BLACKSBURG, Va. (BP)–Three days after the shootings at Virginia Tech, a leader at the Baptist Collegiate Ministry on campus issued a call for continued prayer for those affected by the tragedy.
“The mood is very solemn on campus. It’s quieter,” Mark Appleton, associate BCM director at Virginia Tech and a Mission Service Corps missionary with the North American Mission Board, told Baptist Press April 19. “So many people have left just to get away from here, so it’s just a quieter atmosphere besides all the media folks.”
Appleton asked that Southern Baptists across the country keep up their prayer efforts even as the intense concern for the victims starts to subside.
“People hear that all the time in a situation like this, but it’s a real and absolute need,” he said. “This is going to be a long-term thing. People are getting over the initial shock, but there’s some stuff that’s going to be dealt with for a long time here.
“Students are going to have to start going back to class, and that’s going to feel a lot different,” Appleton added. “The whole atmosphere in this town feels different. That’s hard to describe to people. That’s going to take some healing, and the opportunity for ministry is going to be great.”
While hundreds of people want to help the campus community in a tangible way, Appleton advised Christians to follow the guidance of the Holy Spirit in order to know the appropriate response to such a sensitive situation.
“For people who want to help, the best way to help is to come with an attitude of servanthood to discern needs and meet needs in the love of Christ and not to come thinking that people know what people here need,” Appleton said. “There are a lot of people offering help, and some of it is great and some of it is not so great.”
Following a joint prayer service with Campus Crusade for Christ and InterVarsity on the night of the shootings, the BCM carried on with its planned functions Tuesday and Wednesday night, Appleton said.
“On Tuesday, people started heading home quite a bit. We had our worship gathering Tuesday night with maybe 60 or 80 students,” he told BP. “Last night we had our weekly small groups. We didn’t think we’d have many people at all for that because even more people had left, but we ended up with 40 or 50 last night.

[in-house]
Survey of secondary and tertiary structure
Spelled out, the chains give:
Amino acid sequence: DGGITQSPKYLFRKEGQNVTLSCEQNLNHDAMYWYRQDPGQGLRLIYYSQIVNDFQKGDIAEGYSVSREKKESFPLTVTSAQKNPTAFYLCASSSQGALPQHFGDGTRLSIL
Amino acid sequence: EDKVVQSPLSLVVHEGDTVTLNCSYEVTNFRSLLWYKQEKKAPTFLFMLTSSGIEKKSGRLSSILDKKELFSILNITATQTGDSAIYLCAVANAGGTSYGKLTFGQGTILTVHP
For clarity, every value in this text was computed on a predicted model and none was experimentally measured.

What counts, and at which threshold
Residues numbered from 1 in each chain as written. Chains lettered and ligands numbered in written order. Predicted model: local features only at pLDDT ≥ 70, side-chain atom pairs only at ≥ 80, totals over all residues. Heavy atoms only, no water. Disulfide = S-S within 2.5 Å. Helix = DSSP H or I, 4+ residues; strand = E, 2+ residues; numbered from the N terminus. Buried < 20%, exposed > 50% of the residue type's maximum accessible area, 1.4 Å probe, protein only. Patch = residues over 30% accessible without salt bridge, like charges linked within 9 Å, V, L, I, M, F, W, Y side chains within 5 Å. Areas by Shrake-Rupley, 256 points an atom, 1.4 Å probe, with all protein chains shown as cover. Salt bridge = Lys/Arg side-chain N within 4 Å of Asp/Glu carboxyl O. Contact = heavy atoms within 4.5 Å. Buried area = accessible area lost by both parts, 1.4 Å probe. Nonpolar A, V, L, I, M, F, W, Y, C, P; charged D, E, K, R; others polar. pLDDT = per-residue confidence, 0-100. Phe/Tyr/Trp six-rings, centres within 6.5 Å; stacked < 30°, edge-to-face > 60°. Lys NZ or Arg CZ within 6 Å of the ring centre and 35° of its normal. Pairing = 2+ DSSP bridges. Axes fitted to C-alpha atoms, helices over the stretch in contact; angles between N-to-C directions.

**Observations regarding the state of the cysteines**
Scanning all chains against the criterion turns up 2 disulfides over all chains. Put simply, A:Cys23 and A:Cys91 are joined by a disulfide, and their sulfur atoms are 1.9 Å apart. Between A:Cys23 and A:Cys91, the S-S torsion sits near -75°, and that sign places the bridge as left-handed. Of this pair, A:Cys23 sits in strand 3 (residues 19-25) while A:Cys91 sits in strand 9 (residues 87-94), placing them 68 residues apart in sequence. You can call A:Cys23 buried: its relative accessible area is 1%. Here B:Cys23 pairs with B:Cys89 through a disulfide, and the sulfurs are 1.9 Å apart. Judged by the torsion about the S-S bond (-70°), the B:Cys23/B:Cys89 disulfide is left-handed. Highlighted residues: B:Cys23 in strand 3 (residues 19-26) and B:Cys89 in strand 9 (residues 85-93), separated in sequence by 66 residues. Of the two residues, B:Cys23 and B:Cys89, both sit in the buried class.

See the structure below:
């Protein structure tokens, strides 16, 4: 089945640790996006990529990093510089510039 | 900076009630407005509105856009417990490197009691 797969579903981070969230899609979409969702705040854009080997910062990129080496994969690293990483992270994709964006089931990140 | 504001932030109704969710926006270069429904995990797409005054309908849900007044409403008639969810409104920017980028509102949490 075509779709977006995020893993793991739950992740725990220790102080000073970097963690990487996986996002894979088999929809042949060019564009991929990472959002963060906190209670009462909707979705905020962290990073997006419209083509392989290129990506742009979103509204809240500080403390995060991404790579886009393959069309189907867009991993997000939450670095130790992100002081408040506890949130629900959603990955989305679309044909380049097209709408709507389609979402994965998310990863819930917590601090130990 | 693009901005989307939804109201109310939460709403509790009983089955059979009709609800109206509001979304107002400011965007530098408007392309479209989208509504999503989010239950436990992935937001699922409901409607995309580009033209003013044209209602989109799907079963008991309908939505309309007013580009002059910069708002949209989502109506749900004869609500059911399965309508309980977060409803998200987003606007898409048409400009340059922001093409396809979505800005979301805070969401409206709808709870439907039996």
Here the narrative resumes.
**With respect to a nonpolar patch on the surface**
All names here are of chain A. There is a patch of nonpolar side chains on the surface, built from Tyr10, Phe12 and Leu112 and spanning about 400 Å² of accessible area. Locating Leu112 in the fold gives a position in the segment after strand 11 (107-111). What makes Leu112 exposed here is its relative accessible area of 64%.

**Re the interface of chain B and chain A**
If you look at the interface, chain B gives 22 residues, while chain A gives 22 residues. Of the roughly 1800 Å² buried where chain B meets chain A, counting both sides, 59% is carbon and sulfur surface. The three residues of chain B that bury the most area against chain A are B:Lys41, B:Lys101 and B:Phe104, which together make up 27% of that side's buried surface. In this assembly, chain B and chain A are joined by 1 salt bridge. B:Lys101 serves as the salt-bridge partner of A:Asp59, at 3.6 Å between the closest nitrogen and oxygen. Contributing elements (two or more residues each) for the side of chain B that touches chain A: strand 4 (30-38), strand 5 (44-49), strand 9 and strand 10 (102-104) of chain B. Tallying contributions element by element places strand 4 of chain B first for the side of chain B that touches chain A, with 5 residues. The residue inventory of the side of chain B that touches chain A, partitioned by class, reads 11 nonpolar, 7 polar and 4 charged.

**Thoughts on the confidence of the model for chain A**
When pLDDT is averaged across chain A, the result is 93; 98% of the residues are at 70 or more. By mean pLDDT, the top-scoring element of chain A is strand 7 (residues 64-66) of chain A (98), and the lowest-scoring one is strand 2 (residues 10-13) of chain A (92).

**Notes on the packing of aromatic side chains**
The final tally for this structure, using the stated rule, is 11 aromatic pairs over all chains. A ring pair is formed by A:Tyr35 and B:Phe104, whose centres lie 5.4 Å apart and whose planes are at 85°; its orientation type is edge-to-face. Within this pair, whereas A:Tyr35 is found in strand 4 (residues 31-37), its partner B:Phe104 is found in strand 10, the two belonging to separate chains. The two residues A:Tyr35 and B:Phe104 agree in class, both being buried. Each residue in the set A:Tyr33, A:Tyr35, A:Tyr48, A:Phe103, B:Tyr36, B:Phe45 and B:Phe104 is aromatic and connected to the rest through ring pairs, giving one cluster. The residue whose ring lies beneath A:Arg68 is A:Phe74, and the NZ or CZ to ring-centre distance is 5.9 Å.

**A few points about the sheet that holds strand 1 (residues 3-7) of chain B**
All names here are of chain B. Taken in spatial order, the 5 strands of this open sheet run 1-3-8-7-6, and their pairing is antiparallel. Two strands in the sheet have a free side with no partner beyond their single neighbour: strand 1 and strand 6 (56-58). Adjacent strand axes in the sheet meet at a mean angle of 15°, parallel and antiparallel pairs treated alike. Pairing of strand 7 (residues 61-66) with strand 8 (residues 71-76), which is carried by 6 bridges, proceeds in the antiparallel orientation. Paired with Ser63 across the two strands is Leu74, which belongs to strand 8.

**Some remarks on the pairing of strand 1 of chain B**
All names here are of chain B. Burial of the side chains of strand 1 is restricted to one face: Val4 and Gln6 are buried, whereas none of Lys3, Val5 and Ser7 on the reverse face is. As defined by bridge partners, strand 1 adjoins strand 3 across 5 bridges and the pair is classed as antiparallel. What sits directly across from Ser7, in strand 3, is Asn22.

“That was a neat time because they are groups that have been together all year long,” Appleton said. “Those who were still in town came together and talked some Scripture but then started processing things together again. Then they started to laugh a little bit and tried to be normal, which is a good thing.”
Appleton said he has observed a change in students’ demeanor over a couple of days. At first a lot of them weren’t able to discuss what happened April 16 without breaking down emotionally.
“Now they’re more able to talk about it in a conversation and then move on and laugh,” he said. “So I think things are healthfully progressing, but it’s going to be a long recovery.”
Brian Bluhm, a graduate student in civil engineering, was the only active BCM member killed in the shootings.
“Aside from him, many of our students knew some of the other victims even though they weren’t a part of our ministry,” Appleton said.
During the days, Appleton and other BCM staff members are making themselves available for students who stop by looking for help.
“Most of our programs have been in the evenings, but we have students come through periodically — not a large volume but occasionally,” he said. “We pray with them and stop and meet any needs. Some of them came by yesterday just to be here and talk, and we walked around the campus with them.”
Jim Burton, senior director of the partnership mobilization division at the North American Mission Board, told Baptist Press April 19 he had no updates on disaster relief activity from the two Virginia state conventions. Things are mostly slowing down, he said.
Brandon Pickett, media missionary for the Southern Baptist Conservatives of Virginia, reported that four of the state convention’s pastors and one church planter in the Blacksburg area have offered to counsel anyone who needs to talk about the shootings.
“The YMCA has donated some rooms to us for the next couple of months for counseling and Bible studies and things like that,” Pickett said. “This is a real neat thing where pastors in the area are getting together and saying, ‘Hey, you know, sometimes people come in for a short time to help, but we’re here to stay to minister.'”